I’m writing in reference to the letters your paper has printed over the past couple of months regarding the self-styled vigilante group, ‘RAAD’
At the start of your so-called ‘Action Against Drugs’, a big majority of people were hoodwinked by some of your statements in this very paper. I would even go as far as to say I had my own doubts. But something kept telling me this is too good to be true so I started to do some research into this organisation myself.
By their own admission, RAAD include ex-PIRA members. It didn’t take too long to dispel that myth. Any ex-PIRA I spoke to or questioned about membership of RAAD was shocked and insulted by even the thought of it.
I can tell everyone it did not take very long before I was made aware who the leaders and runners of this group were. Ex-PIRA, ok, but ‘Ex’ meaning expelled for one reason or another. Those involved are all too aware of the reasons.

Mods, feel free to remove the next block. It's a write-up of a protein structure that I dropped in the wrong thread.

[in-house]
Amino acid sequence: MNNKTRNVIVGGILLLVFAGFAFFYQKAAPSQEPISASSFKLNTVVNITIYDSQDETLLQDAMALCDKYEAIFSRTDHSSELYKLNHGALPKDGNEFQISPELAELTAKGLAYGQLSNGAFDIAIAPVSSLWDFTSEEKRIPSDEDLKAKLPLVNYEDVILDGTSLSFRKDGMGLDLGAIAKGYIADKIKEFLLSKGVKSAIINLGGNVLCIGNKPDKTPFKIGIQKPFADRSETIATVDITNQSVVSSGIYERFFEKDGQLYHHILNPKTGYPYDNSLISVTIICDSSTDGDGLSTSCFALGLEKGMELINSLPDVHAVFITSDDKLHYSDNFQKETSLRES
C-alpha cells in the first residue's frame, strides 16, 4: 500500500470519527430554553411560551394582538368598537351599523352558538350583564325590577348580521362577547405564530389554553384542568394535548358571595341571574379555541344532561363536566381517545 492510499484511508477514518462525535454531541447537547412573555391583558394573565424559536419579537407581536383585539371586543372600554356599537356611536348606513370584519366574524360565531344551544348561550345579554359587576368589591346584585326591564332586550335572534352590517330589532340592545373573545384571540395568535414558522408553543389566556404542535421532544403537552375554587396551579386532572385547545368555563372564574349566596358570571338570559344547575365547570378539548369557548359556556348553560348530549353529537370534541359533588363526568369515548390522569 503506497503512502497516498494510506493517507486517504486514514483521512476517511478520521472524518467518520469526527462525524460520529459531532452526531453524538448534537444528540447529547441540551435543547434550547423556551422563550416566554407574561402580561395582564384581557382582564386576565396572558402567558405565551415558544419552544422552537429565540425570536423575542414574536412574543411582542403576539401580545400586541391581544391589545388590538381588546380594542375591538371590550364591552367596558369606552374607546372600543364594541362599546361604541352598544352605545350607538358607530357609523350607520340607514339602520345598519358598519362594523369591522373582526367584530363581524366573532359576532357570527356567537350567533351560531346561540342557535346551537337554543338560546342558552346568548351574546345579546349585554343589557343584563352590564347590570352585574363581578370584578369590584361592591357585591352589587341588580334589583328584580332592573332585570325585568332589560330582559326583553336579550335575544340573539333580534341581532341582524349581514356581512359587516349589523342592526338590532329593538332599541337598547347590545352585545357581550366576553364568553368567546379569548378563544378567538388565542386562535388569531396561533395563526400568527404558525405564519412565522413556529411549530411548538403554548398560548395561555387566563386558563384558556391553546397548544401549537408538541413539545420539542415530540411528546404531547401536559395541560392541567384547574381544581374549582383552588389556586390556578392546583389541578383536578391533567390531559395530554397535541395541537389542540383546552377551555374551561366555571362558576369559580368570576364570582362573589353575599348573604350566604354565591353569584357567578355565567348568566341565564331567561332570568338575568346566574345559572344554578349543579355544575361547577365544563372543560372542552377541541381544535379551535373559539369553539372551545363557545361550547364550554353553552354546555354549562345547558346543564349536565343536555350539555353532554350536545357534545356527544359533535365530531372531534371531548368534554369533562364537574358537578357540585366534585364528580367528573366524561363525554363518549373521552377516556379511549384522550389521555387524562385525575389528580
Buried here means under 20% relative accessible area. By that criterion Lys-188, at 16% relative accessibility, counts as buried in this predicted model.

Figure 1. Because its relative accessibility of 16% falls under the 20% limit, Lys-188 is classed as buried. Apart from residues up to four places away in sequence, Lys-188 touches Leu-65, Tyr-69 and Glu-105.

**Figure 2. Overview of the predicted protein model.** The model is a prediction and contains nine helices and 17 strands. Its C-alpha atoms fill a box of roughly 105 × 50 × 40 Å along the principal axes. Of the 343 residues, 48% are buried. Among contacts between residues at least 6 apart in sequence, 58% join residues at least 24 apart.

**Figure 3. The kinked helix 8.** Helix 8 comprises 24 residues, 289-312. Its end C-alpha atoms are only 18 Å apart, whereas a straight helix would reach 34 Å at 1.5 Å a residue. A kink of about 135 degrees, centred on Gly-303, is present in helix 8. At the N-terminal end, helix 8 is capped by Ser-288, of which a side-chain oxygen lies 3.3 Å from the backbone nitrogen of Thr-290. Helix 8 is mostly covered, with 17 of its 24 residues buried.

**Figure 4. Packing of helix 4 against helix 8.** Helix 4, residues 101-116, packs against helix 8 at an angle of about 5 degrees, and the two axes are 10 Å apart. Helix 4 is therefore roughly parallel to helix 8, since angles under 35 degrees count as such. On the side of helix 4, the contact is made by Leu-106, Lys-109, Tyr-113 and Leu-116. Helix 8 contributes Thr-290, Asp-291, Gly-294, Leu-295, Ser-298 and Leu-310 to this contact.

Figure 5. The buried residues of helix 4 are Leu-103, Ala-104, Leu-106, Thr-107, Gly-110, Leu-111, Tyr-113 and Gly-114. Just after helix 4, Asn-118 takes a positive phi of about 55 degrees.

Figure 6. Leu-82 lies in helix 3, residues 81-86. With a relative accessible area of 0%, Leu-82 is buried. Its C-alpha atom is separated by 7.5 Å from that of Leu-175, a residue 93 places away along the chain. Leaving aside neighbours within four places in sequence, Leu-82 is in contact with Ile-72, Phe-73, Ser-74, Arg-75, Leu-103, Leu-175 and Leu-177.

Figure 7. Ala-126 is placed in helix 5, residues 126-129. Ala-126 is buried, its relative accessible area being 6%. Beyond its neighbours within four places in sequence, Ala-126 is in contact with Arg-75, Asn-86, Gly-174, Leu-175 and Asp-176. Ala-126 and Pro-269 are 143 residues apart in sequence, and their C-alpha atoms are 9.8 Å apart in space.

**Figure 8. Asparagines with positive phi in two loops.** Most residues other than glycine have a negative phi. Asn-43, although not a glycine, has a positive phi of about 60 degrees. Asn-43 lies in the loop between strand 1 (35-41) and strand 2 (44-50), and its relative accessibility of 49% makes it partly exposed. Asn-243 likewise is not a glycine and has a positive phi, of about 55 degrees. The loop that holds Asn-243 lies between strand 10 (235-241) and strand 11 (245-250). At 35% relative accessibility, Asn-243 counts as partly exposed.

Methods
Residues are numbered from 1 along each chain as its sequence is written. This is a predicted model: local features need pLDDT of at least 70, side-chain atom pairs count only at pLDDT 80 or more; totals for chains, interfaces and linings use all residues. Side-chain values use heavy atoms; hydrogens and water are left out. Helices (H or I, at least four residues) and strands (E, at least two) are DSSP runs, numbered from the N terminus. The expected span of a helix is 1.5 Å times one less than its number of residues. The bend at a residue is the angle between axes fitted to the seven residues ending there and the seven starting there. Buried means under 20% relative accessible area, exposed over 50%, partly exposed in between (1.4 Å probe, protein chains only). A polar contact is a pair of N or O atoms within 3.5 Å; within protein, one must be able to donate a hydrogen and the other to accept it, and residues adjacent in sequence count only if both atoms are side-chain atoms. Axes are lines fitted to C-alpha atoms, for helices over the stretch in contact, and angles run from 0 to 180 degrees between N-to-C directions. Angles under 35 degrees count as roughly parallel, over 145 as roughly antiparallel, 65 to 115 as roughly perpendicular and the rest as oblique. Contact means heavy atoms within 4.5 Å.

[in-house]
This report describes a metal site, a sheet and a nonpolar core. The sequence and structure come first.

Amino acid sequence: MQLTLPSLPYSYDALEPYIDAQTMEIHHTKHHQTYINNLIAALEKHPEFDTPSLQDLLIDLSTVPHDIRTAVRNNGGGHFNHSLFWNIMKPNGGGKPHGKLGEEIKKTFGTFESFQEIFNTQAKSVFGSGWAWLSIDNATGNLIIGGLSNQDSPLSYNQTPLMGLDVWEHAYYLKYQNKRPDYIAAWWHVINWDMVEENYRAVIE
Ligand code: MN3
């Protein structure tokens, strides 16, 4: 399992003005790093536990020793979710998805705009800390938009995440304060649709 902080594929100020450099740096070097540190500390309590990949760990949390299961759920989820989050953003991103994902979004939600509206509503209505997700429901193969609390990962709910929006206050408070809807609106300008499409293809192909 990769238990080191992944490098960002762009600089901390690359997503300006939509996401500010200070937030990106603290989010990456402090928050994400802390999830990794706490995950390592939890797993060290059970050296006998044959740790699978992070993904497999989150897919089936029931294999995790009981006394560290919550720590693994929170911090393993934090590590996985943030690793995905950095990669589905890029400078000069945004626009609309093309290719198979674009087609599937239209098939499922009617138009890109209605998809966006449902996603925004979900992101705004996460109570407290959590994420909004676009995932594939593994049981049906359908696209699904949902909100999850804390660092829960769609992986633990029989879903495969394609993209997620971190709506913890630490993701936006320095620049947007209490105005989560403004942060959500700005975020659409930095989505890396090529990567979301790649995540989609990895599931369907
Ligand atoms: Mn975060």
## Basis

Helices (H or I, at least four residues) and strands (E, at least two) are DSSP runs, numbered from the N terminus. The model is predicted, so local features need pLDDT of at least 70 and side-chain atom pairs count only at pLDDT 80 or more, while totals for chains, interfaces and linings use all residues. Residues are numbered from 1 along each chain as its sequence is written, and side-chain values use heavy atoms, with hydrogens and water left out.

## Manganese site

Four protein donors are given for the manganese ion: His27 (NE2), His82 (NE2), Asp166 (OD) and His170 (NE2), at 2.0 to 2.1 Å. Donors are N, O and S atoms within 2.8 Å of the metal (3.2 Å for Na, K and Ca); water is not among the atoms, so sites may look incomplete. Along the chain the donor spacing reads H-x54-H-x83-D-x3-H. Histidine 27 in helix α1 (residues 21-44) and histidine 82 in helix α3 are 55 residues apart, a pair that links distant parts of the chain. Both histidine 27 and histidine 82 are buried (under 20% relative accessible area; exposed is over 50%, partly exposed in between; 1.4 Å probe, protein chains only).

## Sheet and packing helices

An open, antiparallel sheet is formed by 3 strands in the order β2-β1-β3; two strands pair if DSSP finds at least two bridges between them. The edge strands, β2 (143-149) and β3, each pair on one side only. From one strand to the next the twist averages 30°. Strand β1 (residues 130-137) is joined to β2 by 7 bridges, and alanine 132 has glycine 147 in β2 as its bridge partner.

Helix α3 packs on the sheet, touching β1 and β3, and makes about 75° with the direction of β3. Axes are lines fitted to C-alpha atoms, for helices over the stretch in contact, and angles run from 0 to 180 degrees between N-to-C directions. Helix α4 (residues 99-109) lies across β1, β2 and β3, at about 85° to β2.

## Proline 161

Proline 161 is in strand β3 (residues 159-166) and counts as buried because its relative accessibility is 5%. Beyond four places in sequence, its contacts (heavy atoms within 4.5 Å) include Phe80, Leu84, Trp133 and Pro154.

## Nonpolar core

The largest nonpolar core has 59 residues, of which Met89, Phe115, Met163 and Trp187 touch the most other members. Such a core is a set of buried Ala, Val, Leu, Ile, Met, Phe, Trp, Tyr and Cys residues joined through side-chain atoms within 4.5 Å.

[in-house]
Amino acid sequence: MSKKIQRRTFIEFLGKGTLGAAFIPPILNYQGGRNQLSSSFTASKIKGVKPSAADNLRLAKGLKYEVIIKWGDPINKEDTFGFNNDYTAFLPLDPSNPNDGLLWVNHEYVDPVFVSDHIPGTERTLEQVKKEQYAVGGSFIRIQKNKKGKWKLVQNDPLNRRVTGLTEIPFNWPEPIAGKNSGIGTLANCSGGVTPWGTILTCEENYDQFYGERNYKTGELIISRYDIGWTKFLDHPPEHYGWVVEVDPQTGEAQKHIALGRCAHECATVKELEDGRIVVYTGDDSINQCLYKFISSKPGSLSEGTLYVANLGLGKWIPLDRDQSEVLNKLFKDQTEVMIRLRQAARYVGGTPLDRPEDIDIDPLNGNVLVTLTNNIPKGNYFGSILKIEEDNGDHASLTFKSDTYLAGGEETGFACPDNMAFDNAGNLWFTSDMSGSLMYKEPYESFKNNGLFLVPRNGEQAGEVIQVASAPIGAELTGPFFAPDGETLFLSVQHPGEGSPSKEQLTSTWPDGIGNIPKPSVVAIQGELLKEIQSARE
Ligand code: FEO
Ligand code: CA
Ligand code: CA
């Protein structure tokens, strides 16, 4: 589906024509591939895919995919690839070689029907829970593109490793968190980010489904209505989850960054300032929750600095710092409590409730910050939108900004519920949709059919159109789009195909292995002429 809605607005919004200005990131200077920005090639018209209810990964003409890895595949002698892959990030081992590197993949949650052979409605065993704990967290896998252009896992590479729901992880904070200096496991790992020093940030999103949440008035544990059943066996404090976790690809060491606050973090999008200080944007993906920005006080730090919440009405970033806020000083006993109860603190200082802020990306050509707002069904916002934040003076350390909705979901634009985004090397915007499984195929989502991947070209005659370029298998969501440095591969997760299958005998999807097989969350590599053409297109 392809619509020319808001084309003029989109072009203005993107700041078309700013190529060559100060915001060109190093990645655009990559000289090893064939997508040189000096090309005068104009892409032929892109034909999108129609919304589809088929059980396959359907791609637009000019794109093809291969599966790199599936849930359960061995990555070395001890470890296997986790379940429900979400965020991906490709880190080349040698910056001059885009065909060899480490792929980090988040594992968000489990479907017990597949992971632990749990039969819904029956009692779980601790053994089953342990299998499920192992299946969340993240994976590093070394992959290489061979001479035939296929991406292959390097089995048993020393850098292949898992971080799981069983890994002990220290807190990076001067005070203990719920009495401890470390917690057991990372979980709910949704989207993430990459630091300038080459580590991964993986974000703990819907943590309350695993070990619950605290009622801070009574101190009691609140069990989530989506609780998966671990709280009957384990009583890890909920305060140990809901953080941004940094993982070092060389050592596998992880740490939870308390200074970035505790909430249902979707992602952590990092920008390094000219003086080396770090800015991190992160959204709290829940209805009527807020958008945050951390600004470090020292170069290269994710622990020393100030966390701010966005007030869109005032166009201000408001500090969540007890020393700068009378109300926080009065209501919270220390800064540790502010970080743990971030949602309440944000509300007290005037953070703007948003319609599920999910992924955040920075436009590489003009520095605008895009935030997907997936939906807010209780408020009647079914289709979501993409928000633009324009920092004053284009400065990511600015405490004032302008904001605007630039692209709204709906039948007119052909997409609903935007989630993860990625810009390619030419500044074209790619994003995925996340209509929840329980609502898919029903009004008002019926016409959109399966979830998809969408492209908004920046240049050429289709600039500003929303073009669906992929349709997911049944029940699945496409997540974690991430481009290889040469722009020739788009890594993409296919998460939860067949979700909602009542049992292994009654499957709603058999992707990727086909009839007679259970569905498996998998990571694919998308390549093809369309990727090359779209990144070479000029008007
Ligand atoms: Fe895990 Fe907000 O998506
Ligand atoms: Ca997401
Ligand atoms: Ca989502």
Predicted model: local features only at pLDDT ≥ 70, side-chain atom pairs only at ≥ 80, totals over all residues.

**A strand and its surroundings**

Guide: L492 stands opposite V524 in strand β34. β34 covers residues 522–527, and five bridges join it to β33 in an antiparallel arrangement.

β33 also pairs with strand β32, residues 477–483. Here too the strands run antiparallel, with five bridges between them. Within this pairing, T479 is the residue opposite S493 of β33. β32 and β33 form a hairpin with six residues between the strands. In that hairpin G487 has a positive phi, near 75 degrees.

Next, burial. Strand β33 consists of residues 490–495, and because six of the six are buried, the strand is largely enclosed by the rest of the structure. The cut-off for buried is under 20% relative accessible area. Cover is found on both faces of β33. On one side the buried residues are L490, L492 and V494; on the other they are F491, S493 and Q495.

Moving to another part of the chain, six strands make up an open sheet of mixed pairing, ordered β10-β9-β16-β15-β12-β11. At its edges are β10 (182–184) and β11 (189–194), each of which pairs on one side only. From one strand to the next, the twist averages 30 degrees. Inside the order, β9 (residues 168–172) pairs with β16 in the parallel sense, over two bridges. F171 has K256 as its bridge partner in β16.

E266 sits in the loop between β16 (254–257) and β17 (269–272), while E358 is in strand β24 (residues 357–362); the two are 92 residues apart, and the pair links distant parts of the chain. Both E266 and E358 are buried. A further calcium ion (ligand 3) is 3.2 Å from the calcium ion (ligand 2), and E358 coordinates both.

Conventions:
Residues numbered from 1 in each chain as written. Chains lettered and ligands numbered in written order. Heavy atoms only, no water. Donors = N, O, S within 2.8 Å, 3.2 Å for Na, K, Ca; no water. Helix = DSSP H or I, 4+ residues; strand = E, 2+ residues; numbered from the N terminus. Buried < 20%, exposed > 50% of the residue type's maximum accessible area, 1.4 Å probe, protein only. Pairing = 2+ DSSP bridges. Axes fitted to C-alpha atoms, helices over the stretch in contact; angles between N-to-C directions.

So, two years down the line and what has been gained? Countless kneecappings, beatings and expulsions from the country. Driving around in big fancy cars, drinking binges and even a free night out for all the boys at Christmas - the list is endless.
Take, for example, a few weeks ago when these people had the cheek and audacity to hold a local family to ransom for the sum of £1,000. This was to ensure their son’s safety and to be re-united with him after he and two of his friends were ‘expelled’ from the country for what can only be called a moment of madness while under the influence of drink on, of all nights, Bonefire Night. Some people have said one of his friends was not even involved.
Is this an act of republicanism? I don’t think so.
An ex-Provo writing to the Journal asked these people to take a good hard look at themselves. I would like to go further and tell them to go back where they belong and let the experts and professional people deal with this. They won’t see it as a money-racketeering exercise.
By the way, where did all the drugs you seized go?
(Name and address supplied).